Vesak Day this year is on the 15th of May – in case you’re not entirely certain why you’re getting another public holiday in Singapore! Here are some facts and figures about this prominent Buddhist festival.
#1 Vesak Day is the most important day in the Buddhist calendar
Vesak Day celebrates three major events in the Buddha’s life: his birth, enlightenment (nirvana) and death (parinirvana). The day is honoured by temple visits, vegetarian meals and various offerings. Depending on the calendar you follow and your location, the date varies every year. In 2022, Vesak Day falls on the 6th of May in Singapore; it’s the only Buddhist celebration among the public holidays.
#2 There are different branches of Buddhism
Theravada, Mahayana and Vajrayana are the three main branches of the religion. Theravada Buddhism is said to be the closest to the original Indian form of Buddhism; it’s practised in countries such as Sri Lanka, Thailand and Burma. In Singapore, Mahayana is most practised by Chinese Buddhists, followed by Theravada, practised by the Burmese and also the Sri Lankan community.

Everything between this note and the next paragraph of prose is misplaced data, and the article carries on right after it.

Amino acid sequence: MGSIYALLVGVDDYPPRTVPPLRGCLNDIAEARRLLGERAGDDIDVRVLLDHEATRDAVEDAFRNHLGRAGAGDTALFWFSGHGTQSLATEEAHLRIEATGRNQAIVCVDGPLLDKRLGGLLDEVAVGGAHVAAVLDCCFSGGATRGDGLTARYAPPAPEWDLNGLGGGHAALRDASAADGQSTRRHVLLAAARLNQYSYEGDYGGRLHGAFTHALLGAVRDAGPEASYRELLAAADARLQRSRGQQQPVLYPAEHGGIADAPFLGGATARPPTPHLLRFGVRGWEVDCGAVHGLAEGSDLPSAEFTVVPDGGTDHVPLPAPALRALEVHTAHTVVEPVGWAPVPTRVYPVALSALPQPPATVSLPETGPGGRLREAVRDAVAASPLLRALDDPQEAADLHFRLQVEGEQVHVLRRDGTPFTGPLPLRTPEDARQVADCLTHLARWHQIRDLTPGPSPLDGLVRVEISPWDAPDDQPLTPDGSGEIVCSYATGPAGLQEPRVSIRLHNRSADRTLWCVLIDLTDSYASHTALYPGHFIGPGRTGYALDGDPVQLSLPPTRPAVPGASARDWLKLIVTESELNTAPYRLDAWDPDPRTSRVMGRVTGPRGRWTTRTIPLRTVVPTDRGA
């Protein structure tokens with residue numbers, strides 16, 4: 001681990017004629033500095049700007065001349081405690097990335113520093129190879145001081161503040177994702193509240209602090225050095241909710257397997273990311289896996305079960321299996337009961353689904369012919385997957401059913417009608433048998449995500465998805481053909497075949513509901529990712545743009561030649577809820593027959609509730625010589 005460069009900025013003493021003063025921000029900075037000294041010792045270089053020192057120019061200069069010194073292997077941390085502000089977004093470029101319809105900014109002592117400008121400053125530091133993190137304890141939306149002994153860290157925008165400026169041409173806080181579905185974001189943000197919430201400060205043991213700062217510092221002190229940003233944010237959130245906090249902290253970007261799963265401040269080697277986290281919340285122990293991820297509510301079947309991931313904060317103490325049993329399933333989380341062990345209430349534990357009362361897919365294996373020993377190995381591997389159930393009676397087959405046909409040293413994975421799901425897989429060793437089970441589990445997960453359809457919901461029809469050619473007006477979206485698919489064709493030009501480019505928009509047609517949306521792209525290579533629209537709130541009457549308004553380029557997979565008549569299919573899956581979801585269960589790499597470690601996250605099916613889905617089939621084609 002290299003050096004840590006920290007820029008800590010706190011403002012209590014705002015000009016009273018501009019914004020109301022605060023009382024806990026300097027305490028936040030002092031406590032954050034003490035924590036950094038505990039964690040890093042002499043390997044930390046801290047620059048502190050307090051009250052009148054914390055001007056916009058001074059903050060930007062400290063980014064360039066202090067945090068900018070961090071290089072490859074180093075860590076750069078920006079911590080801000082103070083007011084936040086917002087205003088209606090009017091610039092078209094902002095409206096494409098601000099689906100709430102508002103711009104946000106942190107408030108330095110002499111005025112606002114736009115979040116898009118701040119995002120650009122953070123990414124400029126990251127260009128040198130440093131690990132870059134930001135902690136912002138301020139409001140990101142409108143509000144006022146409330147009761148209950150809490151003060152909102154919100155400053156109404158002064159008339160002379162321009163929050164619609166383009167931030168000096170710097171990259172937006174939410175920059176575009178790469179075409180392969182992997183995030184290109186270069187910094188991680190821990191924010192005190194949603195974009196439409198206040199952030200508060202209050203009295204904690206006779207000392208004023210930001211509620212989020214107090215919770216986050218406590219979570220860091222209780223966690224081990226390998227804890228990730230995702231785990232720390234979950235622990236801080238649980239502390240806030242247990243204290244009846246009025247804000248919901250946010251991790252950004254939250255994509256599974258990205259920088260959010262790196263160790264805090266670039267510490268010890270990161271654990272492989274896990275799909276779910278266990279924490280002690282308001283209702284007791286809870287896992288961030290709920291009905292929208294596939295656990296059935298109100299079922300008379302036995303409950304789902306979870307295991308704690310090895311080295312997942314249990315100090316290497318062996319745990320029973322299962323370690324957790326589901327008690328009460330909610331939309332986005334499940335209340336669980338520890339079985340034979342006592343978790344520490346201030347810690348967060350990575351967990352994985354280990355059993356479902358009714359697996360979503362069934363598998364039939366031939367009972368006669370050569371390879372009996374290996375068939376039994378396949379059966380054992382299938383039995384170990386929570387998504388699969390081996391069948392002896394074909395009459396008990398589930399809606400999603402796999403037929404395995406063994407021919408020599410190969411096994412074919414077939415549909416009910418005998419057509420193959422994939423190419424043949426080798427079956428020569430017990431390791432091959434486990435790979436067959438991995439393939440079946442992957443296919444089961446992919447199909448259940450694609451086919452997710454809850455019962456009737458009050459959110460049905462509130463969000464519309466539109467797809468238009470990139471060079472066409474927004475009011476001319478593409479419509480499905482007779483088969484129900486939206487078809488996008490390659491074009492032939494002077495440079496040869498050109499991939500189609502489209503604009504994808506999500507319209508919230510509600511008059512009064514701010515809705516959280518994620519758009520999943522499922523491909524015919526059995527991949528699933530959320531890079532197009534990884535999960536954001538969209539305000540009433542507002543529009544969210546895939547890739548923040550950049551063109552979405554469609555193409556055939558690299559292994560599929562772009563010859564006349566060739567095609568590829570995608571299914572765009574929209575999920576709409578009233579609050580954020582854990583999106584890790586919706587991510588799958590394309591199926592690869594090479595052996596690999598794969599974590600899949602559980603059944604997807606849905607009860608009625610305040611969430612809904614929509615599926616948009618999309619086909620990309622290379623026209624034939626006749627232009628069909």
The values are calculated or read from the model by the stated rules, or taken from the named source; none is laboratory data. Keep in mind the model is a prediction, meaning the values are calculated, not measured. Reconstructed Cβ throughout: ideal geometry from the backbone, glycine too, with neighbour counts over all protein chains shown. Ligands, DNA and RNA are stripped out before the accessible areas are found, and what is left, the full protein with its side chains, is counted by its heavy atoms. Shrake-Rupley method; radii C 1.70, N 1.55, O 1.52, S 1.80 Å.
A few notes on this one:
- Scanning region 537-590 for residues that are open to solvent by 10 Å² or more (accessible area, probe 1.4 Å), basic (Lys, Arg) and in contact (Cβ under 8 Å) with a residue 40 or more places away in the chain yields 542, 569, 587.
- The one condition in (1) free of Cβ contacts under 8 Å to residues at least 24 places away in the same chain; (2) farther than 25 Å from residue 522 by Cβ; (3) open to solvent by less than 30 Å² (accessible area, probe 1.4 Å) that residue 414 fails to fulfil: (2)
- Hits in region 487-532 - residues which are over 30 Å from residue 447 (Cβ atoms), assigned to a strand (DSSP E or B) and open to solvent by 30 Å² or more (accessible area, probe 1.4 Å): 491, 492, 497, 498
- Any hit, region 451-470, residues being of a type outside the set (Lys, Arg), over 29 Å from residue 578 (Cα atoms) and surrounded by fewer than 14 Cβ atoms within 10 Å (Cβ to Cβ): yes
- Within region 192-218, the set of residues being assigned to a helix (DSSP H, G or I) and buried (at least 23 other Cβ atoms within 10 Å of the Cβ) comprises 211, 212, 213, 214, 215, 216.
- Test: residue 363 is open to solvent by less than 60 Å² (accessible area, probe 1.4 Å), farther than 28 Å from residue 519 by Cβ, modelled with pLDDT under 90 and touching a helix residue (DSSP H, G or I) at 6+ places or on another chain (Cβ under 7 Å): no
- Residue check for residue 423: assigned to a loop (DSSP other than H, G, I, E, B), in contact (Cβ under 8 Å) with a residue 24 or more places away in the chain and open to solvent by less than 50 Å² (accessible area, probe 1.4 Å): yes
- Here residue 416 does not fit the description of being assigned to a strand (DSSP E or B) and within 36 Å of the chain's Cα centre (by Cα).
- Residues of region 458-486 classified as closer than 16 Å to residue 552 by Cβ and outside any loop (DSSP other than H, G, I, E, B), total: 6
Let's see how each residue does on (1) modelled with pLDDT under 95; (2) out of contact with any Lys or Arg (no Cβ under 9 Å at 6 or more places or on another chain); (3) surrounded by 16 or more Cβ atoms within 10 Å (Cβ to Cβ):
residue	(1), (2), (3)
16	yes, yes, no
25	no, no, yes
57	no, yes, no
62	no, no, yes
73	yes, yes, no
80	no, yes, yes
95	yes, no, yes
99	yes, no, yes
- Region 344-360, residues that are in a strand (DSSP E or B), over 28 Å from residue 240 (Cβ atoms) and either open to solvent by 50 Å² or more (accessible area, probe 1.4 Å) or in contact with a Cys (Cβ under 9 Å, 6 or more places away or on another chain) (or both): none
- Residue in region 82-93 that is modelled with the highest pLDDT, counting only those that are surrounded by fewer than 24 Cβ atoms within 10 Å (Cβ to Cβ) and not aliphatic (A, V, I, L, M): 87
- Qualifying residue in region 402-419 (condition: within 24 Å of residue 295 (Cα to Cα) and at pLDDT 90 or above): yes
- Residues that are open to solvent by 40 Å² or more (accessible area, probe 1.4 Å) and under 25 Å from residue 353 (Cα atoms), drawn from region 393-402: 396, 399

#3 Practices and rituals may vary
Depending on the branch they follow, devotees celebrate Vesak Day slightly differently. Mahayana Buddhists practise the “three-step, one-bow” ritual, bowing or prostrating every three steps as they go around the perimeter of the temple. Theravada Buddhist celebrations include cooking a milk rice pudding to symbolise Buddha’s last meal before his fasting period to attain Enlightenment.
Many Buddhists here organise blood donations at hospitals, visit people on old age homes and also distribute gifts to the needy.
#4 Vesak Day was not always a public holiday
The day was only made an official break from the working calendar in 1955. This followed petitions by the Singapore Buddhist Association after World War II.
#5 You don’t have to be Buddhist to join the celebrations
Experience this significant day by heading to Phor Kark See Temple and viewing a candlelight procession through the city as devotees pray for peace and blessings. Another interesting location to try is the Buddha Tooth Relic Temple & Museum; located in Chinatown, the temple is perfect for visiting after trying delicious local fare at the adjoining Chinatown Food Centre.
Haven’t decided what you’re doing for the weekend? Take a look at our Things to Do section!
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